My excitement quickened as we steamed towards the entrance of the Gulf of Paria which is an inland sea similar to Port Philip at Melbourne and about the same size. Port of Spain, the capital of Trinidad, lies tucked away in the northeast corner of the Gulf and again the early morning sun shone on the town and the tropical vegetation. Before leaving London? I had purchased an enlarged map of the West Indies, and my experienced Chief, who had been many times to these parts, was kindly and helpful in explaining both the historical and geographical features of the different islands. Here I was to learn for the first time that in this very harbour Columbus had anchored his ships more than four hundred years before. The advent of this great pioneer explorer put Spain in the lead in “first-footing” this part of the world, for it was many years before the English and the French began to cast covetous eyes on these rich and beautiful islands. When the ships of these two nations did appear on the scene, the Spaniards fought them each in turn, but Spain was already on the decline as a great power, and, apparently satisfied to be left in possession of the great island of Cuba, allowed England and France to fight it out for possession of the Leeward and Windward Groups of islands; and fight they did, for there was intense rivalry between the two greatest naval powers of page 240 those days. The fact that we were now approaching the capital of one of the most prized of British possessions, and that on the map of the West Indies so many of the islands referred to are “painted red,” tells who was victorious.

Port of Spain is an interesting town, with many fine old buildings, the architecture of which varies according to the period of their erection, and whether designed by Spaniards, Frenchmen or Englishmen. To cricketers, it is interesting to note that both Lord Harris and Sir Pelham Warner were born here. With the West Indies being a Crown Colony, many noted Englishmen have taken part in its administration; Lord Harris's father once being Governor. During this, my first trip to these islands, the M.C.C. English cricket team of 1904 was playing a series of Test Matches in Australia, with P. F. Warner captain of the touring side. On my first day at Trinidad, I hired an old-fashioned open brougham-cab, and went for a drive round to see the place. An old native was the driver, and I asked him to take me to see the cricket ground. As soon as I mentioned cricket, the old man said, “Mr. Warner, he born here!” When I said I had played against Warner, he gave his old horse a crack with a whip and said, “I show you where Mr. Warner live.” Round a few blocks and there was a fine old home, with a garden which set off the tropical vegetation of these parts. One did not expect to find that in far-off Trinidad mention of the English captain's name would kindle such interest in cricket matches in Australia.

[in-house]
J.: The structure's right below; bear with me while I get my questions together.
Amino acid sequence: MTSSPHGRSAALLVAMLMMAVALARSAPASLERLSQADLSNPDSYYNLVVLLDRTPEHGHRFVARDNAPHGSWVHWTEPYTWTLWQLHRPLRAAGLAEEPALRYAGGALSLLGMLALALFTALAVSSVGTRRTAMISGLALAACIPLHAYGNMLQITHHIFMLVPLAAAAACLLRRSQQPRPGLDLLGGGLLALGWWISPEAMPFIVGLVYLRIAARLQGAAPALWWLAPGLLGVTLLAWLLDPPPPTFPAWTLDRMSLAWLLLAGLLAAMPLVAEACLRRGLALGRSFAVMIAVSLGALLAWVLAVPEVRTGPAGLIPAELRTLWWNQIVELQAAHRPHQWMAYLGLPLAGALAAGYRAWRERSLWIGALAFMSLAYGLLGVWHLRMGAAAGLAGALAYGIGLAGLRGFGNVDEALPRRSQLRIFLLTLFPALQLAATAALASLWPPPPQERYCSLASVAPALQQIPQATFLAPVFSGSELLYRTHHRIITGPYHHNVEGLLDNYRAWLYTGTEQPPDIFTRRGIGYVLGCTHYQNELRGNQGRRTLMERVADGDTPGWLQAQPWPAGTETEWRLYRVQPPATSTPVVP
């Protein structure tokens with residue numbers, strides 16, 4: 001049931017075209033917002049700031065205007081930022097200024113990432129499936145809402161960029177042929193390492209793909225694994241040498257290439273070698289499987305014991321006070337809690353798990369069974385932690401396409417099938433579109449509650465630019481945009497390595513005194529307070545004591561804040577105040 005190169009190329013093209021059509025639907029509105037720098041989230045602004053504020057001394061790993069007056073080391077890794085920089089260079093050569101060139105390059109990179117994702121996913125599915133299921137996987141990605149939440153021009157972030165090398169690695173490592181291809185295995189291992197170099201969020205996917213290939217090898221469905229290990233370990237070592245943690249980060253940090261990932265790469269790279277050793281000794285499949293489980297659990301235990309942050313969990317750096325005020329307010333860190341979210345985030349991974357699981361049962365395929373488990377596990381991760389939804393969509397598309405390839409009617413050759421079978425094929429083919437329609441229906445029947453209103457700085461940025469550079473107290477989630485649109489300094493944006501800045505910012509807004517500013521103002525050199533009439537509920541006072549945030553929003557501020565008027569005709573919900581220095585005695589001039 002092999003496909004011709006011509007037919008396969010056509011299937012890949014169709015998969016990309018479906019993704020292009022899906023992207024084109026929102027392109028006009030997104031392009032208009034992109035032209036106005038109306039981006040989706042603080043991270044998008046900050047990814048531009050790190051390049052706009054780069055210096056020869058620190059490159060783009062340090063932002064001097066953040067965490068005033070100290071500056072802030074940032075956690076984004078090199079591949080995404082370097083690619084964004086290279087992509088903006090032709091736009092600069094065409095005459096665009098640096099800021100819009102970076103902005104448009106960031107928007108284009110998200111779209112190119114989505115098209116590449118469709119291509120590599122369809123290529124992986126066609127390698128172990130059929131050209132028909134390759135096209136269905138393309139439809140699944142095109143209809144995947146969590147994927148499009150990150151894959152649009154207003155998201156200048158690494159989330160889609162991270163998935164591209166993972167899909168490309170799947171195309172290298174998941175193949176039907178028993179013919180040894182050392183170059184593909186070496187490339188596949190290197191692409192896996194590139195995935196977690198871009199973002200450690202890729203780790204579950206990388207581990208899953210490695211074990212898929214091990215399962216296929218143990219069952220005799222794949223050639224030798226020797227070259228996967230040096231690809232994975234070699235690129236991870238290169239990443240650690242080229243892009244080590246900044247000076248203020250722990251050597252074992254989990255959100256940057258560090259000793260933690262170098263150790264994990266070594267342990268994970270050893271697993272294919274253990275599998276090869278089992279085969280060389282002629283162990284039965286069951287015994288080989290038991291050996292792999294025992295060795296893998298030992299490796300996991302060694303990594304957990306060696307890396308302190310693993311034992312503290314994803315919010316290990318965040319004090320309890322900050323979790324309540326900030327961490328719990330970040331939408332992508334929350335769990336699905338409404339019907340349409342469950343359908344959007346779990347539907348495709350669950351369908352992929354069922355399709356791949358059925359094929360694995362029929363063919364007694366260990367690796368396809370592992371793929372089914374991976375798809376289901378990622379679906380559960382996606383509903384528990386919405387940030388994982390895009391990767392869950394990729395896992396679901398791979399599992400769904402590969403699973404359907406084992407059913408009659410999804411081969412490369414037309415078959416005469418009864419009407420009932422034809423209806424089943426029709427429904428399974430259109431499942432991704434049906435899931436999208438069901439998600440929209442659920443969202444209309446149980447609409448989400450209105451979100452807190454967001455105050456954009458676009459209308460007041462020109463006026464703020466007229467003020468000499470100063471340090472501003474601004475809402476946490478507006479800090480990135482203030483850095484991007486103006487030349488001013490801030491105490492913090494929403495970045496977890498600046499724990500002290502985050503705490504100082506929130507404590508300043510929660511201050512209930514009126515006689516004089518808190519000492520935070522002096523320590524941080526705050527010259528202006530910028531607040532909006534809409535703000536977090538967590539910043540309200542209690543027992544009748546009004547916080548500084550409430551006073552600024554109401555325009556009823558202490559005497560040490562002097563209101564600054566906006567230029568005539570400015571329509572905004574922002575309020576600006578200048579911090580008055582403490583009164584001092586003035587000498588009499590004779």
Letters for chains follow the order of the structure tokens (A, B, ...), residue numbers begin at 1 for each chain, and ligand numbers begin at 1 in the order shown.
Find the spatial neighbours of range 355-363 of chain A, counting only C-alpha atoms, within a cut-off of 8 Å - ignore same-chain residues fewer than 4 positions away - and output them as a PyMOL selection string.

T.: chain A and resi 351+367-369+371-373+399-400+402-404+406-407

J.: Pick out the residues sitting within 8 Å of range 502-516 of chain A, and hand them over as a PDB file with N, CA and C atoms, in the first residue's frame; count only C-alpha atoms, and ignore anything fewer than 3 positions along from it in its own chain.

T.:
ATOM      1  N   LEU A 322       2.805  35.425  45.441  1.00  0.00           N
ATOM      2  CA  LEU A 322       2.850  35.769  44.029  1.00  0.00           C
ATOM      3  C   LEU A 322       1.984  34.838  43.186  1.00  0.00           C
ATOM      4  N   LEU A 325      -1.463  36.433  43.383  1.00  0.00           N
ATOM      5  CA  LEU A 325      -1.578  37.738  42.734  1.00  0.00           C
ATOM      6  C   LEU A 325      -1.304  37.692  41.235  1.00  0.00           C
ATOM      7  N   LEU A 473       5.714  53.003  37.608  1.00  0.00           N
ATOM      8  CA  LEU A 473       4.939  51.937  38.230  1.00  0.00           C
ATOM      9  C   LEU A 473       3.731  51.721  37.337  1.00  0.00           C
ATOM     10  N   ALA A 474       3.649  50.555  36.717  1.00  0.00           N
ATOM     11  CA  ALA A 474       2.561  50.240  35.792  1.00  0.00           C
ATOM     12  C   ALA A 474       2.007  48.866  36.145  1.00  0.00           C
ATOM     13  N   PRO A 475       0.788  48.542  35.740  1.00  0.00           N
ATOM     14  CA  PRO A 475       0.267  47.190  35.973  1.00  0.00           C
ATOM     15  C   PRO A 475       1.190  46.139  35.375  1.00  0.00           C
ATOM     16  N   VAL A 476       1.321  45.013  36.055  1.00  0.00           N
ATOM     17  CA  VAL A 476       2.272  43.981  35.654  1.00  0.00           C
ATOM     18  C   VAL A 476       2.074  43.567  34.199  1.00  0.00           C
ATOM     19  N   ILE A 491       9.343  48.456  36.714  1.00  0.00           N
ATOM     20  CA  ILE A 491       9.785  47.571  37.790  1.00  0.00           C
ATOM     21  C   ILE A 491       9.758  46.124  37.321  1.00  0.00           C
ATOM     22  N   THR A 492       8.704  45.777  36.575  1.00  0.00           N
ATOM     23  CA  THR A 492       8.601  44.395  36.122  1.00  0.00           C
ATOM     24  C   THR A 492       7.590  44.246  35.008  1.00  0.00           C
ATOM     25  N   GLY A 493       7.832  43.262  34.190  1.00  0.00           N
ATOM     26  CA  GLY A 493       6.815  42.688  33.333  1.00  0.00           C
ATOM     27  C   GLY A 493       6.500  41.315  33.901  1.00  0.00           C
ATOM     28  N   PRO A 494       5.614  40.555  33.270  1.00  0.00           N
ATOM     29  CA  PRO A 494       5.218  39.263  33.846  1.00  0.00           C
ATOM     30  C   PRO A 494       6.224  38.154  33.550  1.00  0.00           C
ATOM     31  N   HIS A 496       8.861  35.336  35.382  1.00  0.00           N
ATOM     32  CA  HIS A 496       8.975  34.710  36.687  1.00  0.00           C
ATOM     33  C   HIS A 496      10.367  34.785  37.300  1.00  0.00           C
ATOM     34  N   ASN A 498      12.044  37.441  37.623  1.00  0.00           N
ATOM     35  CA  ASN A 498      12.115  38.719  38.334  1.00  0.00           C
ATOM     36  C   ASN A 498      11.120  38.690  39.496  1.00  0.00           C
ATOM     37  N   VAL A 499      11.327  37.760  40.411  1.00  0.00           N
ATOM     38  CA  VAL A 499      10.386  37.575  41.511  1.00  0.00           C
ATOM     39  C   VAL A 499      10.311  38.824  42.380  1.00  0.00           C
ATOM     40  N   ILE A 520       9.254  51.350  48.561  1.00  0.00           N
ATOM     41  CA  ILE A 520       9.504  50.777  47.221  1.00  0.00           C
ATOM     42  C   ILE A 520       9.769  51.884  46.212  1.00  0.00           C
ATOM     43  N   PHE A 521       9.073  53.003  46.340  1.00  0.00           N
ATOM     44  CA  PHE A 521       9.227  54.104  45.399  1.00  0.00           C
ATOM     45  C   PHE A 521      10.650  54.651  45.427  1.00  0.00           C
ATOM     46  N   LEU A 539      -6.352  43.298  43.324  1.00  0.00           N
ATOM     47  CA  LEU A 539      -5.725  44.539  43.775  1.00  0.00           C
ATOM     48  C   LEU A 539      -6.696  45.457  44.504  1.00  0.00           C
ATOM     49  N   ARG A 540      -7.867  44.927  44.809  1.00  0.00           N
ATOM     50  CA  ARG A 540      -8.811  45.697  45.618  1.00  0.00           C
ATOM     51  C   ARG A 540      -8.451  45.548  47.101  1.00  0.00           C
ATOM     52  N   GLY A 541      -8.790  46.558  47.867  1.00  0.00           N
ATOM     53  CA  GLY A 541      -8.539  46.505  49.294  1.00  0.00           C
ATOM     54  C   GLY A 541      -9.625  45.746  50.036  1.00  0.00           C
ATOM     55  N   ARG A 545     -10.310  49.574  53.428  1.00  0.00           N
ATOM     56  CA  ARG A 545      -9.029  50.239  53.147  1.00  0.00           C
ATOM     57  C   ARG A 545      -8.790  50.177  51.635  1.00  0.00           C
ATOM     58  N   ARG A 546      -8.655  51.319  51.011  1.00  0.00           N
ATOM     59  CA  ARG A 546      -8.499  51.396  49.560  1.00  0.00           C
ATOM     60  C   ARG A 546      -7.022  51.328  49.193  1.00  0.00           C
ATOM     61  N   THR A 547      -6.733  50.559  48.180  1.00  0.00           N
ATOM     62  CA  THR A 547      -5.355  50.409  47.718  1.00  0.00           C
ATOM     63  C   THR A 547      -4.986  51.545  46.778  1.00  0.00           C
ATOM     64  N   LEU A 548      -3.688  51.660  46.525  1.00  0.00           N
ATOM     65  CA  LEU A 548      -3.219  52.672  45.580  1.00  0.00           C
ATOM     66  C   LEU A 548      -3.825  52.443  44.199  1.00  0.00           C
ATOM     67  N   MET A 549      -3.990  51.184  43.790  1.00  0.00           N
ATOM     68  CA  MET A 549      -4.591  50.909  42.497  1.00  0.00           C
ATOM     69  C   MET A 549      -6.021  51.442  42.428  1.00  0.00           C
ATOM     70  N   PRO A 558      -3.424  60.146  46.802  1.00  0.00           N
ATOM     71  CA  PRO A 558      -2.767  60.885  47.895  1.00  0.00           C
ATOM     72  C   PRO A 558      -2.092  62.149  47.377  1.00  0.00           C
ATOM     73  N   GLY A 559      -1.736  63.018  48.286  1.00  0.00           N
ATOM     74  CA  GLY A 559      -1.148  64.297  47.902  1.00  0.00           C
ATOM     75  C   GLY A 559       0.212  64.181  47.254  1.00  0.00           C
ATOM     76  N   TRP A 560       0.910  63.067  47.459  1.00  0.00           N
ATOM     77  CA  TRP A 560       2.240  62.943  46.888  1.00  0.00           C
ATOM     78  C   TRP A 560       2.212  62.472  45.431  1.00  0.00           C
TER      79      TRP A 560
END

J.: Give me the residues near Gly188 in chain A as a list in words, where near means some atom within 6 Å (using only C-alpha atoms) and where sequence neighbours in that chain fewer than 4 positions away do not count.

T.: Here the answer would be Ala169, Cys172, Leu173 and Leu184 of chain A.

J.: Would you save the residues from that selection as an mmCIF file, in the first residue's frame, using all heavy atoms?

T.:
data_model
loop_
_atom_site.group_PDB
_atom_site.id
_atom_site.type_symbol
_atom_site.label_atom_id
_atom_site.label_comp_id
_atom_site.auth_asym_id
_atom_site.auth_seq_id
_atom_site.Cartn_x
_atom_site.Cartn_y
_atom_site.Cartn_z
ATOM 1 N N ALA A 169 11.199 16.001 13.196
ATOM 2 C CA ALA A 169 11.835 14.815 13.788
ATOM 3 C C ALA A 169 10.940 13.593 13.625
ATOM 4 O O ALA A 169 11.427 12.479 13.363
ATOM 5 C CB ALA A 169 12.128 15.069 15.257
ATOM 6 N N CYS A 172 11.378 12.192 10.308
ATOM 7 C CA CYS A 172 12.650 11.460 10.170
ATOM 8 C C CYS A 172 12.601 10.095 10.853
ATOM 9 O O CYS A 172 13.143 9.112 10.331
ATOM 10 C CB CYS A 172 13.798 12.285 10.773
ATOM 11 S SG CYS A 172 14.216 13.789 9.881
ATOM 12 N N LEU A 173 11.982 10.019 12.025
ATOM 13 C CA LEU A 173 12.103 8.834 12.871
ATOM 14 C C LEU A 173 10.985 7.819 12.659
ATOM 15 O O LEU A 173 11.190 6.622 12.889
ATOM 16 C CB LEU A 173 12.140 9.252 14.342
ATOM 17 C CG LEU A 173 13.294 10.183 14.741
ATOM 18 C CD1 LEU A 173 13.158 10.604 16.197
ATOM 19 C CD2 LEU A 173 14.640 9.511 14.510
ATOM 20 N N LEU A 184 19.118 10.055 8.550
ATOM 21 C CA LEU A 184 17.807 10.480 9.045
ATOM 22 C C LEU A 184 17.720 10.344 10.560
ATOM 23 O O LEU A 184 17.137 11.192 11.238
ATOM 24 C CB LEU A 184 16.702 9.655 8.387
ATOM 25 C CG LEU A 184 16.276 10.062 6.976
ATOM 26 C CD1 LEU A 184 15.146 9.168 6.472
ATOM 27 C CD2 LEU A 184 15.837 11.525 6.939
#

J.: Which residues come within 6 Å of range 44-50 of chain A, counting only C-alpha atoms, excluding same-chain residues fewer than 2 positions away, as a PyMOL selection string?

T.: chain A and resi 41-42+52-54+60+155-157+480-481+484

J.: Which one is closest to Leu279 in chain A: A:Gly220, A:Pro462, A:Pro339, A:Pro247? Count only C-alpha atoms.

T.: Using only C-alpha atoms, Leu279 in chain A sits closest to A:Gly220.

When an attempt was first made to get down to an exact definition of the qualifications required of a player for International cricket. Lord Harris insisted that birth only should be the guiding principle. “He must be born in the country he plays for,” said his lordship.

Warner turned, and said neatly, “My Lord, under such a rule, rigidly adhered to, neither you nor I could have played for England!” It would also have debarred Ranjitsinhji, and as Charlie Bannerman, the great Australian, was born in England, one can see the implications that would arise from such cast-iron rules!

After discharging more general cargo, we left Port of Spain for Georgetown, British Guiana, about 300 miles along the north coast of South America in an easterly direction. Passing page 241 the mouth of the great Orinoco River, we steamed along the coast and in this latitude close to the Equator naturally felt the heat. Georgetown is usually referred to as Demerara, for this is the name of the river on which the town is situated. Demerara sugar was recognized as the best of all the sugars of the world, and brought the best price on the London market.